ker spears him, and thereby saves many a dinner for himself.
[Illustration: Indian spear.]
Here is a primitive Indian fish-spear, such as the Penobscots used. To the end of a long pole two wooden jaws are tied loosely enough to spring apart a little under pressure, and midway between them, firmly driven into the end of the pole, is a point of iron. When a fish was struck, the jaws sprung apart under the force of the blow, guiding the iron through the body of the fish, which was held securely in the hollow above, that just fitted around his sides, and by the point itself.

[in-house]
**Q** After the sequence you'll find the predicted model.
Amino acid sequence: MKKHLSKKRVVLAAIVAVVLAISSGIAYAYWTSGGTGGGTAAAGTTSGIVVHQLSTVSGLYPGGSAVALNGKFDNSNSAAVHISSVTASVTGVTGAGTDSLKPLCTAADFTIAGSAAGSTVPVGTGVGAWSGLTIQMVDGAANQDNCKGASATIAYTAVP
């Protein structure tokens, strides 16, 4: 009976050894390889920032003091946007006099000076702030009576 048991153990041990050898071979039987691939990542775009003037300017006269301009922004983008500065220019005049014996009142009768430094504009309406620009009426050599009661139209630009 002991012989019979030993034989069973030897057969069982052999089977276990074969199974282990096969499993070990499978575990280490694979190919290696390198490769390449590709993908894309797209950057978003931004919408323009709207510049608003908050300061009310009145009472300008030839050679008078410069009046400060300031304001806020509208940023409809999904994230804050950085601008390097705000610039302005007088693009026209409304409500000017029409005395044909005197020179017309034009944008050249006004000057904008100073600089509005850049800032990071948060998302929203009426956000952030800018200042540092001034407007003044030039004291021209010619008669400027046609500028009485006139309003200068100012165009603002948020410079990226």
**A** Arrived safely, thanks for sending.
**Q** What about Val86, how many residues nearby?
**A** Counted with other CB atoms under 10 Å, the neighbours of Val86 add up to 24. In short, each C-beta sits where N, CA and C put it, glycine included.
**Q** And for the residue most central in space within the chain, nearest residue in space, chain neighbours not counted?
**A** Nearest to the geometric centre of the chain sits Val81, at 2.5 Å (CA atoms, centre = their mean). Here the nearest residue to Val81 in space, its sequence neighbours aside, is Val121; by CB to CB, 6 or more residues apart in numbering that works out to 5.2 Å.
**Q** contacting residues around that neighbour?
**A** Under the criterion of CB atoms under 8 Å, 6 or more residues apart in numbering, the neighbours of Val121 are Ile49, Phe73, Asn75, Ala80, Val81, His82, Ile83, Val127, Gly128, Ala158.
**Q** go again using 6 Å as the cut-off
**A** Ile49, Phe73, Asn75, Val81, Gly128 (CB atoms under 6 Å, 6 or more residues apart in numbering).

[Illustration: Solomon Islander's spear.]
The tool with which the woodpecker fishes for a grub is very much the same. His mandibles correspond to the two movable jaws. They are knife-edged, and the lower fits exactly inside the upper, so that they give a very firm grip. In addition, the upper one is movable. All birds can move the upper mandible, because it is hinged to the skull. (Watch a parrot some day,
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